“The key question IT Leaders and business owners should be asking is: What business challenges, operational issues and customer experience gaps can be solved with a well thought out cloud migration and modernisation strategy? Over the past two years the world and the technology supporting us has changed at an unprecedented pace. Companies have a choice to either adapt and thrive or simply cease to exist in the future economy,” reckons Pierre Jr.

Strategic partnerships

Over many decades, Microsoft has cultivated deep relationships to build a global partner ecosystem to the point where these partners influence more than 95% of Microsoft’s commercial revenue, either directly, or in partnership with the tech giant. Benefiting from strong collaborations within that partner community, its customers can leverage the expertise and Azure solutions either developed independently or co-created with Microsoft. A recent example of this type of collaboration was announced this October when Microsoft and RedHat offered a preview release of Azure Red Hat OpenShift in Azure Government.

“Azure Red Hat OpenShift was the first co-developed, jointly-operated Red Hat OpenShift service on the public cloud,” details Pierre Jr. “It offers a powerful on-ramp to the hybrid cloud by extending the same enterprise-grade Kubernetes used in private datacentres to the scale of Microsoft Azure.

Eric Brown, VP of Azure Global at Microsoft recently noted: “Azure Red Hat OpenShift already offers organisations a powerful way to tap the full scale and potential of Microsoft Azure’s commercial clouds. Extending that capability to Azure’s Government cloud portfolio allows customers to take advantage of the innovation of Red Hat OpenShift and the security features and reliability of cloud offerings built and accredited for the most sensitive workloads.”

Meanwhile, partners across Microsoft’s ecosystem include more than 800 independent software vendors, 17 device partners and over 1,000 systems integrators. “These partners are constantly working with Microsoft on developing and delivering innovative Teams devices, Teams apps and custom Teams solutions on our technology stack – all of which enable enhanced collaboration and increased productivity for customers globally,” confirms Pierre Jr.

Pandemic response

As the world continues to respond to COVID-19, Microsoft is working to do its part by ensuring the safety of its employees, striving to protect the health and well-being of the communities in which it works, and providing technology and resources to customers to help them achieve their best work while working remotely.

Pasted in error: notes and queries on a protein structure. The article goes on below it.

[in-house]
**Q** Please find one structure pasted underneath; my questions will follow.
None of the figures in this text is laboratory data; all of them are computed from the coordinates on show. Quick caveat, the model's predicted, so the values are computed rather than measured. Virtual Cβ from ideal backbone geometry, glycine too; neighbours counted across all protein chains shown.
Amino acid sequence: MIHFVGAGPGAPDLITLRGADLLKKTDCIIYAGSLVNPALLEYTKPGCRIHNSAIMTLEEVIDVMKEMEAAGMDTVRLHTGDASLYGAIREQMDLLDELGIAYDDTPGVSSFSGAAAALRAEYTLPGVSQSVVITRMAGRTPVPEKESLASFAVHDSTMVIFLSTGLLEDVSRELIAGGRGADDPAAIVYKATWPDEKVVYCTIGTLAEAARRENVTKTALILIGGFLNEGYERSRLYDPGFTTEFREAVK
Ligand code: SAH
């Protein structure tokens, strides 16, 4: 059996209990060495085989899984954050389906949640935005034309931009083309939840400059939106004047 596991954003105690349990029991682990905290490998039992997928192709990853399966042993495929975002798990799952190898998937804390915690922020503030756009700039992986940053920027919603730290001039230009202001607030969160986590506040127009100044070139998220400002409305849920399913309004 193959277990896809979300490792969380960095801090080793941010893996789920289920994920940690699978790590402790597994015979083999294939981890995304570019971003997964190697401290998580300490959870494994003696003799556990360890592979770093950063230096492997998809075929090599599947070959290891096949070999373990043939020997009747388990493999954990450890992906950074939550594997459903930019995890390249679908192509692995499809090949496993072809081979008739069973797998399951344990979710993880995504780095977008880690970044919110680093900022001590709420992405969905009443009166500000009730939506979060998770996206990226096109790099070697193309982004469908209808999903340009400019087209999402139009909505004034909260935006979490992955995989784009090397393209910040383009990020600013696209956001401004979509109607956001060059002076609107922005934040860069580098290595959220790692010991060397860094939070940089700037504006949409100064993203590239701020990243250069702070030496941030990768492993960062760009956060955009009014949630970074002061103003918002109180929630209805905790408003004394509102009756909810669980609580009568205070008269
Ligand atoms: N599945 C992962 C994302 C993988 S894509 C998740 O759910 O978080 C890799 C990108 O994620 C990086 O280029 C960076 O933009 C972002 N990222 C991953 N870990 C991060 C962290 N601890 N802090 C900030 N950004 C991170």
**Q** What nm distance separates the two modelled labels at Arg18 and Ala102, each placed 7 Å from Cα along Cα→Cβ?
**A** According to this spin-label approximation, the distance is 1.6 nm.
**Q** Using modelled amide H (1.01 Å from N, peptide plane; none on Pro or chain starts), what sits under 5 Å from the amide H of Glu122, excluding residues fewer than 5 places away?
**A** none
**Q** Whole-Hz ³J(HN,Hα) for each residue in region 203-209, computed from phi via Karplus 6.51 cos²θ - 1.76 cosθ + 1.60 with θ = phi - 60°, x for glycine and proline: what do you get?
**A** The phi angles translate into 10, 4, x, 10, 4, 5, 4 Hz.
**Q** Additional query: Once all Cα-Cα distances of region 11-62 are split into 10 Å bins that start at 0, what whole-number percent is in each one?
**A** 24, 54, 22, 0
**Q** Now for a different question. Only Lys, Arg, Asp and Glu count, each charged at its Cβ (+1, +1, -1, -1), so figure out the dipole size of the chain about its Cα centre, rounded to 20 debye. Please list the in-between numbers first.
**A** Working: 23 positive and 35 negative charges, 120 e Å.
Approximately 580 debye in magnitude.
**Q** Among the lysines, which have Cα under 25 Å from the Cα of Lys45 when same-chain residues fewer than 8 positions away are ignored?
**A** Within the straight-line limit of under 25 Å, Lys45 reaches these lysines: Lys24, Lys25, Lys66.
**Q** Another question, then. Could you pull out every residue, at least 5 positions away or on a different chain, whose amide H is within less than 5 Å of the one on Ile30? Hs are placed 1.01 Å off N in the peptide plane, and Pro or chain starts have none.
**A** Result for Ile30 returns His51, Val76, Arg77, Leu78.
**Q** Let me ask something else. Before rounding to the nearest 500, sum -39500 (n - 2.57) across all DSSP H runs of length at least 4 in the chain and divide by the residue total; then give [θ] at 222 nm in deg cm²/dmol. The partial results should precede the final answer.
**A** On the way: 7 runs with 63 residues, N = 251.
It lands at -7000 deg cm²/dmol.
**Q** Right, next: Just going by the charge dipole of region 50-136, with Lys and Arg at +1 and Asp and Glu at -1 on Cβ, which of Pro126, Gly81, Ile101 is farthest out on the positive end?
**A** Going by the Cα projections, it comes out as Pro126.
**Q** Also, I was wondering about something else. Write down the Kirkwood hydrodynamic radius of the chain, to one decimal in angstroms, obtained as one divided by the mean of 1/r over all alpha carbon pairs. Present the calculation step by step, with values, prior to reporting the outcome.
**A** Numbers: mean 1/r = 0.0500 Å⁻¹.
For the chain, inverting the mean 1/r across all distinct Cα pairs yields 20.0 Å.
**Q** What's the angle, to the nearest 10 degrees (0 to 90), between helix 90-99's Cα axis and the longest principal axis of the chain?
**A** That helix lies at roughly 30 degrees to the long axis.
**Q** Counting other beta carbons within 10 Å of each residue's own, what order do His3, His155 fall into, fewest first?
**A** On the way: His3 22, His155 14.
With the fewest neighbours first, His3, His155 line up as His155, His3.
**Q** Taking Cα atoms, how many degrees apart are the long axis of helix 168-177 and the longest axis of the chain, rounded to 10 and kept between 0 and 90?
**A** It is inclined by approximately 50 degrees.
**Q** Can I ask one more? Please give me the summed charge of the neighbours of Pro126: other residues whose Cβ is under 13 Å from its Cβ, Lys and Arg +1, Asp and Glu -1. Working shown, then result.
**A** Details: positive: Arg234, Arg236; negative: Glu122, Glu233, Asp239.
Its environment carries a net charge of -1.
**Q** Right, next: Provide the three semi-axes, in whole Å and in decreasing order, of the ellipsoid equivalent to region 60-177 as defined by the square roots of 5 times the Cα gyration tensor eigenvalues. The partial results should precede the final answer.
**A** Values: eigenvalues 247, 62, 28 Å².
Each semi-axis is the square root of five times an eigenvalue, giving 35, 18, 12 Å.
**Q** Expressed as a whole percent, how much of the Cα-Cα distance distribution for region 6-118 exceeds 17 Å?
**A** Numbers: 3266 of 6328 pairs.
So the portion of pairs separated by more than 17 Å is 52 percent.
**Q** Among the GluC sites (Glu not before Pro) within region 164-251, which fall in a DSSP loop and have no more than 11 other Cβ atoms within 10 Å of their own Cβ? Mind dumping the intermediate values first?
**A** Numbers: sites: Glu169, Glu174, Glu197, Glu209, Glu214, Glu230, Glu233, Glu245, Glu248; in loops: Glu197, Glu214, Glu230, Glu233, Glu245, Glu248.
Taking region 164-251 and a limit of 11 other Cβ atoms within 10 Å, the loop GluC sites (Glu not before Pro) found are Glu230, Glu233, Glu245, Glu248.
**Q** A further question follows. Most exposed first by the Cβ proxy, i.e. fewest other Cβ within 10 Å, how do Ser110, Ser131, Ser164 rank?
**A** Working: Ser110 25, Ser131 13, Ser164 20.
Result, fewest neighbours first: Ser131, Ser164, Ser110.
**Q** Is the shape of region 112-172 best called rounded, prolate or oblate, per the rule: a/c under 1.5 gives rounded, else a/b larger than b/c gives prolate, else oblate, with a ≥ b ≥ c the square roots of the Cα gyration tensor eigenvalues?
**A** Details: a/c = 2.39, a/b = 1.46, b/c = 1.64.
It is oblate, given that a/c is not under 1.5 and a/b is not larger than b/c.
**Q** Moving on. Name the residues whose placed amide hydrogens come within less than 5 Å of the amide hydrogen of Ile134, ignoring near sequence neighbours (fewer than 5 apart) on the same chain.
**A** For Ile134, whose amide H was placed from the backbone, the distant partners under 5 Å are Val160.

“The Microsoft Services Disaster Response (MSDR) Program has been providing technology and services throughout the pandemic and has completed 71 projects in 2020 and over 46 projects in 2021,” notes Pierre Jr. “These are COVID-19 relief efforts that have been requested by countries, states, regions, and not-for-profit organisations across the globe.”

Examples include the development and deployment of COVID-19 screening and triage bots, mobile apps for field workers, dashboards and analytics for public health agencies, and migrations to Azure to enable population health data management.

Azure Government

For over 40 years, Microsoft has partnered with the Department of Defence (DoD), the Intelligence Community (IC), and national security agencies to address America’s most complex challenges. Microsoft continues to invest in rapidly delivering new Azure Government capabilities to support mission-critical needs across all data classifications, with cloud experts at the ready to ensure the DoD’s success.

In February this year, Microsoft Azure announced the addition of 120 Government Services authorized for IL5 workloads in Azure Government – more than any other cloud provider. “We continue to drive expansion of our support for Department of Defence Security Requirements Guide (DoD SRG) Impact Level 5 (IL5) across all Azure Government regions,” confirms Pierre Jr.

The mission-critical cloud for US Government agencies and their partners, Azure Government, provide a range of compute across data classifications spanning mission cloud to intelligent edge, helping customers accelerate innovation with the broadest range of commercial capabilities and the most comprehensive compliance coverage of any government-only cloud.

Earlier this fall, through a recent DoD-sponsored project – Rapid Assured Microelectronics Prototypes (RAMP) using Advanced Commercial Capabilities – the DoD recently announced it has selected Microsoft to support the second phase of this project. “The primary goal of the project is to leverage commercial best practices to help accelerate the development process and bring reliable, secure state-of-the-art microelectronic design and manufacturing to national security and defence applications,” explains Pierre Jr.